This is the chicken porch, the birds entrance to the house. I used some old branches for steps. They were having a hard time with this ramp when they first moved into the new house, preferring to get on the wood pile to the left, and then jump onto the ramp? I have since doubled the width of the ramp and decreased the pitch.
On the inside, old branches for perches.
Another shot of the inside. You can also see some venting that I built in at the top of the picture.
The hen box is level with the floor of the coop, which is about chest high. Our older girls like to sleep in them, so they get cleaned daily. Can't seem to brake them of this habit.
I made all of the latches for both sets of doors and for the box.
After we got the coop done, we fenced in a large area in the shade for the girls to have some room to range. The top of the fence is bamboo from the church down the road. I made the gate out of an old door from a remodel project in the house. We really like how shaded the coop is and how it fits into the landscape.
Far corner of their run, you can barley see the coop hidden in the trees! We made sure to include both wooden and grassy areas in their run. We have started to make 'chicken beds' in this corner as well, growing greens in a raised bed that is covered with chicken wire - they can eat the plants all they want without disturbing the roots!
Another shot from further back to get an idea of the size of their run. Its about 50x25. The love scratching in the leaves.
Updates, not included:
1) chicken bed is complete. Planted kale, chick weed, wheat grass and dandelion. Looking forward to seeing how this works out once everything grows.
2) Added a composting bin in their area that the girls can easily get to for tasty grubs!
3) Made a feeder out of an old bucket. Used a heat gun and some wooden wedges. This is hanging under the coop on the main supports.
A few things I would do different:
1) you may have noticed I didn't talk about the roof at all...or show any pictures of it. I am not happy with the way it came out. I saw a lot of tree houses roofed with an inner tube as a liner around the tree. This didn't work out for me. The tree I used was split at the base with two main limbs growing, one of those limbs split into three additional limbs inside the coop. Meaning, 2 entered through the floor 5 exited out of the roof. Those limbs were too close together to use a tire inner tube, so, I made a square frame around them, put some plastic down and used lots of spray foam to fill the gaps. As everyone knows, its been unusually rainy this year... Good year to find leaks I guess. Over top of the foam I have been painting in thin layers of tar to seal leaks as they pop up.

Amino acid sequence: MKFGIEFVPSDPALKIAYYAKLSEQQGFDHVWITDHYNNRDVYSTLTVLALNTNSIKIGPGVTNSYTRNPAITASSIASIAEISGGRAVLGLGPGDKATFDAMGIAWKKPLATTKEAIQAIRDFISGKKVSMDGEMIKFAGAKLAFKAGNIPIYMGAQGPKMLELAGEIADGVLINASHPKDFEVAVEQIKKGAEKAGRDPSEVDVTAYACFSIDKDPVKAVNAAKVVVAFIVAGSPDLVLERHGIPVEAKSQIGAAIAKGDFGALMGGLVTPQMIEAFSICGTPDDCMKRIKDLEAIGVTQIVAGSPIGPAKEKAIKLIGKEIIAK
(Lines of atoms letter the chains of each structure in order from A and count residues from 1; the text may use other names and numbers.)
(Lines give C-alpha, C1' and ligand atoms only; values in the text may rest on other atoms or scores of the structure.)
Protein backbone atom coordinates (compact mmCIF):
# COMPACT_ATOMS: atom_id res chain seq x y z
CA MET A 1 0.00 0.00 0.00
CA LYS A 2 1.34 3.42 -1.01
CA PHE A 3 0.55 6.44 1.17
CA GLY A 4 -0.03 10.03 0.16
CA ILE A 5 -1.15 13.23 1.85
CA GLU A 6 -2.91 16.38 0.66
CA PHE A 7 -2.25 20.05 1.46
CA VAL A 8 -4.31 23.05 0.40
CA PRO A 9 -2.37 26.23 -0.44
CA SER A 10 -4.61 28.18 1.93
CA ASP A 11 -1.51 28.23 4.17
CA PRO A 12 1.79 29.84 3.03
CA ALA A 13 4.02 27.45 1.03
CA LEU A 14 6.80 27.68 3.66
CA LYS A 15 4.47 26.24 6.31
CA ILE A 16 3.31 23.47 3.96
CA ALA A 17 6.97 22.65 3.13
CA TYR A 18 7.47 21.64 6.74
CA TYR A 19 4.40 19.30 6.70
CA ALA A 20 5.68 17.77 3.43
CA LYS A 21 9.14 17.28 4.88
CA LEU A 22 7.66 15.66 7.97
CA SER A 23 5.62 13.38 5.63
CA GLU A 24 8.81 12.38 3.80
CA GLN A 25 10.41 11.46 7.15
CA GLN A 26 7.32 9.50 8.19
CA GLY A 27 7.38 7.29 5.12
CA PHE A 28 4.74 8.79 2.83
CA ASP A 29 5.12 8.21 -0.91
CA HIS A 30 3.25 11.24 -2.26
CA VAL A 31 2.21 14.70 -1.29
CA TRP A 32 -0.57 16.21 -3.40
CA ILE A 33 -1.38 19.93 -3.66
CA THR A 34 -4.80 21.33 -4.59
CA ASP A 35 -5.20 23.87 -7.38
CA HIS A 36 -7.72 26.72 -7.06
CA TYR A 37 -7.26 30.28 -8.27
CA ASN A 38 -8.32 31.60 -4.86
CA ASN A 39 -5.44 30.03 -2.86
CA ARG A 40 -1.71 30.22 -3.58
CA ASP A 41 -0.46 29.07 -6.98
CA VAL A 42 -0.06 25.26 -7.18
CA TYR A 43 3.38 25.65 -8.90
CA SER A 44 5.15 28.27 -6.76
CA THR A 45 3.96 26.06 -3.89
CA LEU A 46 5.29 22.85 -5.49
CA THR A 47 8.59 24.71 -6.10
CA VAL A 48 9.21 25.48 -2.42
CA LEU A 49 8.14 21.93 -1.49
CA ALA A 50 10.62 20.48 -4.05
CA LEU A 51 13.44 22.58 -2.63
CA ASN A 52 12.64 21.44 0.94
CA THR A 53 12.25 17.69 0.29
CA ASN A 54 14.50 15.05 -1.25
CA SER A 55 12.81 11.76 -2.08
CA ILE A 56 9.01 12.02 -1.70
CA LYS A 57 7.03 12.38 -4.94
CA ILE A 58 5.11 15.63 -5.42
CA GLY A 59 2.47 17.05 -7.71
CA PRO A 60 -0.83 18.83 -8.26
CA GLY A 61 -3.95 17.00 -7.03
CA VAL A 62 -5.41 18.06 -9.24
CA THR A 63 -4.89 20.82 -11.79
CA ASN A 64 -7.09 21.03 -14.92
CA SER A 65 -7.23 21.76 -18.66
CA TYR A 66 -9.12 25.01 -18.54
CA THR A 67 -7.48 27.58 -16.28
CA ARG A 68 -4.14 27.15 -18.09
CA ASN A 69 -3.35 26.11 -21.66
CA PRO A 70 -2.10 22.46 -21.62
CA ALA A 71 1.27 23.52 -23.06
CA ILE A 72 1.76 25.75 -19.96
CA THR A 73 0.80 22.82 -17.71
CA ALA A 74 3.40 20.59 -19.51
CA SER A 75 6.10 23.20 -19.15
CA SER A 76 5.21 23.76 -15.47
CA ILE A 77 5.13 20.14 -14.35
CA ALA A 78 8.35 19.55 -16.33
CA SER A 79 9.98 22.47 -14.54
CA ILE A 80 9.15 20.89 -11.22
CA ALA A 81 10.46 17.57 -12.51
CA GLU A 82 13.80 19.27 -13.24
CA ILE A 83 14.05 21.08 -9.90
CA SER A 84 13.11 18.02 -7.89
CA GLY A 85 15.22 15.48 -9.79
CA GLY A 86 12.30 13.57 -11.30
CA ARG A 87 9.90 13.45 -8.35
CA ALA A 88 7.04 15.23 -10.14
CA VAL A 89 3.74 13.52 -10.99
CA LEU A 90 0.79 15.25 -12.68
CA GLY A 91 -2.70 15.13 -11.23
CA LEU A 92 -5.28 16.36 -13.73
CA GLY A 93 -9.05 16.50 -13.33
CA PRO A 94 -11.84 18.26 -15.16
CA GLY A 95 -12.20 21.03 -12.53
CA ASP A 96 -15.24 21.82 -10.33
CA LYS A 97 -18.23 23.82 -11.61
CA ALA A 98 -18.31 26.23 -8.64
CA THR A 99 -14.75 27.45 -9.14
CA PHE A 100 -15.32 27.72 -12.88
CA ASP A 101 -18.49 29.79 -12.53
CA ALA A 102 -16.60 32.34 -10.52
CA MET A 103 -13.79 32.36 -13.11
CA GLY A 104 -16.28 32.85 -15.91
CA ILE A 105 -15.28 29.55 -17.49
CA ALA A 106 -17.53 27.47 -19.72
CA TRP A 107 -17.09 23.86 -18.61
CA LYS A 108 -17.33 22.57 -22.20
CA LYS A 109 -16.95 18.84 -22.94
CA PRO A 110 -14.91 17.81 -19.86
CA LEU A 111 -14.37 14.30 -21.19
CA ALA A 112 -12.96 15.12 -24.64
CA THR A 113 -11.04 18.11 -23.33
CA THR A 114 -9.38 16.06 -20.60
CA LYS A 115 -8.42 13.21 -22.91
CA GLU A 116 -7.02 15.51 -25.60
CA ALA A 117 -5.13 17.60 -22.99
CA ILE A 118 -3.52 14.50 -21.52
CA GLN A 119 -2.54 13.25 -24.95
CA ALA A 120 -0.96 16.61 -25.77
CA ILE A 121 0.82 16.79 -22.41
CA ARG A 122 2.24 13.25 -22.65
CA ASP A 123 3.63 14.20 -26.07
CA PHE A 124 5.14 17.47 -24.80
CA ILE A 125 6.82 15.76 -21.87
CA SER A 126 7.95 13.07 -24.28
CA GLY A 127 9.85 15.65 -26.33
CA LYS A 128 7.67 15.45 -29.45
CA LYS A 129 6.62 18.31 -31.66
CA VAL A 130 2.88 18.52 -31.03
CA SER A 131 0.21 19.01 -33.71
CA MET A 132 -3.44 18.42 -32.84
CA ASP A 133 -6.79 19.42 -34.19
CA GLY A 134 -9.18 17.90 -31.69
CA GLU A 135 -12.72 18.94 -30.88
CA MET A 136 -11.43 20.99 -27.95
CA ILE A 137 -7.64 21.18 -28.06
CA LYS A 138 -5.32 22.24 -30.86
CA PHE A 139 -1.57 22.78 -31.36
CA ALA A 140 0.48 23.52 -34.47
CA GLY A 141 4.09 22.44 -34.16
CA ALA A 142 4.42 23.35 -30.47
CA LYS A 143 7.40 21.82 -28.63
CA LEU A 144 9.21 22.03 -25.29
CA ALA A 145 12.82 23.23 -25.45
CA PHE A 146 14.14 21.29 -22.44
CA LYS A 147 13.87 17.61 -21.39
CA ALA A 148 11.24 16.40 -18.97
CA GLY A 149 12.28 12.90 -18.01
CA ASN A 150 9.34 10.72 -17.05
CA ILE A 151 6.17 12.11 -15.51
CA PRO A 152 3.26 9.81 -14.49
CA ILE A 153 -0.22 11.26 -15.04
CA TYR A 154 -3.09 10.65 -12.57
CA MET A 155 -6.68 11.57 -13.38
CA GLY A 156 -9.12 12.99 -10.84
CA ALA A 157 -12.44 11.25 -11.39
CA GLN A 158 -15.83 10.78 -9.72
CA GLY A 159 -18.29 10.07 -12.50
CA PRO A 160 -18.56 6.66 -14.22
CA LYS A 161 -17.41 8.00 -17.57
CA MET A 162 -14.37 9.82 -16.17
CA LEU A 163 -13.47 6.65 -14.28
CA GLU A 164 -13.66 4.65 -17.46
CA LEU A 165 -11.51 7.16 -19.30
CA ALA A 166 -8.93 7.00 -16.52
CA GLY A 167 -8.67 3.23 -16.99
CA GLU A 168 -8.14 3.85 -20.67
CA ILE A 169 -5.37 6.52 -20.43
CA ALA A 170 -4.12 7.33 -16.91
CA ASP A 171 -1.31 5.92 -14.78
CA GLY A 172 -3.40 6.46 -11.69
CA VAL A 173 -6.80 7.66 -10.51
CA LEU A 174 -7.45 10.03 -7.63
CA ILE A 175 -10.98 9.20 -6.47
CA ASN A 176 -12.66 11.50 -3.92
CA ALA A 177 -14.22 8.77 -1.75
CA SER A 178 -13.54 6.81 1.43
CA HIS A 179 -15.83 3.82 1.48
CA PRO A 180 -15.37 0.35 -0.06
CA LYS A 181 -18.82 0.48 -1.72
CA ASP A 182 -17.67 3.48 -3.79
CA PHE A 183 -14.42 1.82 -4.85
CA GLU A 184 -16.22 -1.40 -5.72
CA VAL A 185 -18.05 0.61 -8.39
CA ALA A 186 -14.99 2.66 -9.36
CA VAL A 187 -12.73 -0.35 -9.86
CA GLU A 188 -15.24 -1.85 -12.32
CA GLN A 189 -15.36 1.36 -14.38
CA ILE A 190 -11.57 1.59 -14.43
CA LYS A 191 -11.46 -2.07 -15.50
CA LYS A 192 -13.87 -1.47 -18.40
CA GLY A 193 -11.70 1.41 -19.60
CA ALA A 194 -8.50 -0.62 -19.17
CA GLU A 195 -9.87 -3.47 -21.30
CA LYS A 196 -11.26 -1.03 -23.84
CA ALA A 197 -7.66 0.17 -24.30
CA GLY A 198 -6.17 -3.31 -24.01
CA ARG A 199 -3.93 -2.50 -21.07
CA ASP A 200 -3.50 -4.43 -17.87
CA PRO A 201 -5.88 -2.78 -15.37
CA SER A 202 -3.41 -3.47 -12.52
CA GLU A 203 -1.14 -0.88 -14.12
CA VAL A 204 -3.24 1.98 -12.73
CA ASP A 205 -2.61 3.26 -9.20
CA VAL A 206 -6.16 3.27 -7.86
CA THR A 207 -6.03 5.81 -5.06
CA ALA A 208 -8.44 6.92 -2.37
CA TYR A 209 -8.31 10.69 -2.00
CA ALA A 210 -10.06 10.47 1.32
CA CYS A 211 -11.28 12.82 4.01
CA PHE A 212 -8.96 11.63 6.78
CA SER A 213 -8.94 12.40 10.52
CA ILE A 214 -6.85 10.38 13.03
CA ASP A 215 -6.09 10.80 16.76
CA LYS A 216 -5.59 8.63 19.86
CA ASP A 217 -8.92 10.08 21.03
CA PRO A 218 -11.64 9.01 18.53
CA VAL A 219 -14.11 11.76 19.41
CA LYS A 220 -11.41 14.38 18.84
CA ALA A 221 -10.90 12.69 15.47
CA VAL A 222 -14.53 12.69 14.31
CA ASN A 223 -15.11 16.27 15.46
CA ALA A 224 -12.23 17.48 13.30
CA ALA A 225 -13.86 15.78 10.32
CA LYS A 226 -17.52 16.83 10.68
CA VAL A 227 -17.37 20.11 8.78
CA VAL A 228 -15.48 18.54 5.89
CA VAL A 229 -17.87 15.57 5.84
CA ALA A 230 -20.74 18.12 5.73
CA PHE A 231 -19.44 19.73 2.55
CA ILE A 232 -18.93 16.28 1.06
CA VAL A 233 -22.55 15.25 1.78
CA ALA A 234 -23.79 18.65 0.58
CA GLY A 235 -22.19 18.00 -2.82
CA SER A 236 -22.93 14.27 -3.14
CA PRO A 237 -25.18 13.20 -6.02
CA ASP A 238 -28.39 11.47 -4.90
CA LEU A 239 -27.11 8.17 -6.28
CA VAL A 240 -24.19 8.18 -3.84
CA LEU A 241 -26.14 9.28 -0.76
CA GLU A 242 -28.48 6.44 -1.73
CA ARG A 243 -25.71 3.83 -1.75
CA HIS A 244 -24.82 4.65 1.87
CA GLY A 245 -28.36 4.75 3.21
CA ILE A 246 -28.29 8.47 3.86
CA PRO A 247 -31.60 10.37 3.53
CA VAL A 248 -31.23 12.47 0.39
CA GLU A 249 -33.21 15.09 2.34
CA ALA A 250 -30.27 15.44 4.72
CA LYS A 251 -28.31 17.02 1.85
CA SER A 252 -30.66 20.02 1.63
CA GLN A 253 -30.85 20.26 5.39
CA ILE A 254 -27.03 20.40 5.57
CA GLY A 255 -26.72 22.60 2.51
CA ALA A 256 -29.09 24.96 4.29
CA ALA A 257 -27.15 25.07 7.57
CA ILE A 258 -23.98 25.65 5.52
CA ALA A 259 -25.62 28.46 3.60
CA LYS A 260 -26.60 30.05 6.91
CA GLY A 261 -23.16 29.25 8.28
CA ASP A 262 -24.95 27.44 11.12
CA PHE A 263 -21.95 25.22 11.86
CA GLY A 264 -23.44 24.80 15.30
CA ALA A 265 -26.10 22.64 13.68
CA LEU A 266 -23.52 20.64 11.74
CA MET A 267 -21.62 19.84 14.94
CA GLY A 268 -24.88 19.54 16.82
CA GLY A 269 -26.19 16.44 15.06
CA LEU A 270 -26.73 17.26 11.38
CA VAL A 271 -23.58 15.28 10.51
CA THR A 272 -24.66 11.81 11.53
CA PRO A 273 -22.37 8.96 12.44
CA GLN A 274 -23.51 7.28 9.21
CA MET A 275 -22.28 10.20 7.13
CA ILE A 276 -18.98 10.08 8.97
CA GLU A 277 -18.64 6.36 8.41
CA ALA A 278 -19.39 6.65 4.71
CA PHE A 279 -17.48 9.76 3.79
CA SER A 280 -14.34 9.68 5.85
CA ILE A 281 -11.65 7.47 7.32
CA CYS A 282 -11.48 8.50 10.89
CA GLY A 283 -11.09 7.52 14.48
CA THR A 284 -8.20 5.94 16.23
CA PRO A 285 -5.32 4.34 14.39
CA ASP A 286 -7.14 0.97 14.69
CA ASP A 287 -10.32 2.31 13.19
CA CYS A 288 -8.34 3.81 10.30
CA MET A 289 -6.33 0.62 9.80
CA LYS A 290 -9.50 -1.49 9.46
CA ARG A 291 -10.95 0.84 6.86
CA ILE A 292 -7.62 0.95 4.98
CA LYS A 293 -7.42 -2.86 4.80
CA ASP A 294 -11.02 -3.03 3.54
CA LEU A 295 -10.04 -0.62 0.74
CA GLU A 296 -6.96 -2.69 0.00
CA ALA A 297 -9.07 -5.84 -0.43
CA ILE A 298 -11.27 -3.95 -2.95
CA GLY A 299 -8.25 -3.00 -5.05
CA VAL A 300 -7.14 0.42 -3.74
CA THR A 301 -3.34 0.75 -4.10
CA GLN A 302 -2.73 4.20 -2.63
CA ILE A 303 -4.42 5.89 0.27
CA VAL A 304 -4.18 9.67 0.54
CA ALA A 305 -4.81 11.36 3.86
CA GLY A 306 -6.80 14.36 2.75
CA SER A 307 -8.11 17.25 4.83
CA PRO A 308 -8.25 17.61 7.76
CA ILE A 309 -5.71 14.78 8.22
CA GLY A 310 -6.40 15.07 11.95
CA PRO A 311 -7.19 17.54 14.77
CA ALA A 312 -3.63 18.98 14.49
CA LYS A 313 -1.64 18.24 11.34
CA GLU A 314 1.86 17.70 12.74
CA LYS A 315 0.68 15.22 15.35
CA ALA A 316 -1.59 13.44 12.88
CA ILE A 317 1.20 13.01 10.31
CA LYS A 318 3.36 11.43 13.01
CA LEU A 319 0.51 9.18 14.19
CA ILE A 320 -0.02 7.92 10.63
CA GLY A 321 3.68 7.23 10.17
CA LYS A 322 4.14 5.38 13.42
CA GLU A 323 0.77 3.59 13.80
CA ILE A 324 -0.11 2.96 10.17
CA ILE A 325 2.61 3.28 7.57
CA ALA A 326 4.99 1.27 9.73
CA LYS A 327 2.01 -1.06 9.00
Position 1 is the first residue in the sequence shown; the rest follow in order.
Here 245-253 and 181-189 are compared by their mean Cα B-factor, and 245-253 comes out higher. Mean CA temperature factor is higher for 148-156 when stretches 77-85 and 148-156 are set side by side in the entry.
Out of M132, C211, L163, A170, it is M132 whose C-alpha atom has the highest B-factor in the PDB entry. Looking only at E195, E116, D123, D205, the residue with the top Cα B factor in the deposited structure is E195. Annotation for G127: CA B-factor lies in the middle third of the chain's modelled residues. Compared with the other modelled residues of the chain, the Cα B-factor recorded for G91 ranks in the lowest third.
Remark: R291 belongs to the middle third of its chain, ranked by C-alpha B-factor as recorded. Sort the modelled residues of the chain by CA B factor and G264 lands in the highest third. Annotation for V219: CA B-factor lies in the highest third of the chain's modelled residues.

1 cont.) I would have picked a different tree that only had one main limb enter and exit.
2) I would have not made the hen box level to the floor, some of our girls are sleeping in it.
3) The ramp seems to be a bit steep. I added width and changed the pitch, but I still think we are going to have to add hardware cloth or something for them to aid in not sliding.
4) We are having a problem with some of our girls perching in the tree rather than the coop! Need to clip some wings.
A few positive key notes:
1) Love this in a tree. Totally fun to build and is definitely a conversation piece.
2) With using old barn wood and not painting it, the coop seamlessly fits into the landscape. The back of the run is the fence to our neighbors yard, and they can't even see it!
3) In all I think I spent less than $100 dollars between shingles, the two main supports, lag bolts, and some spray foam and tar. As a side note, we did have access to recycled metal roofing, but decided to go with shingles because the metal roof was grey and would not have blended with the landscape as well.
4) All the door latches were made with a piece of wood, a scree and a washer.
5) Did I mention it was fun to build? I love getting creative!
Thanks for stopping by!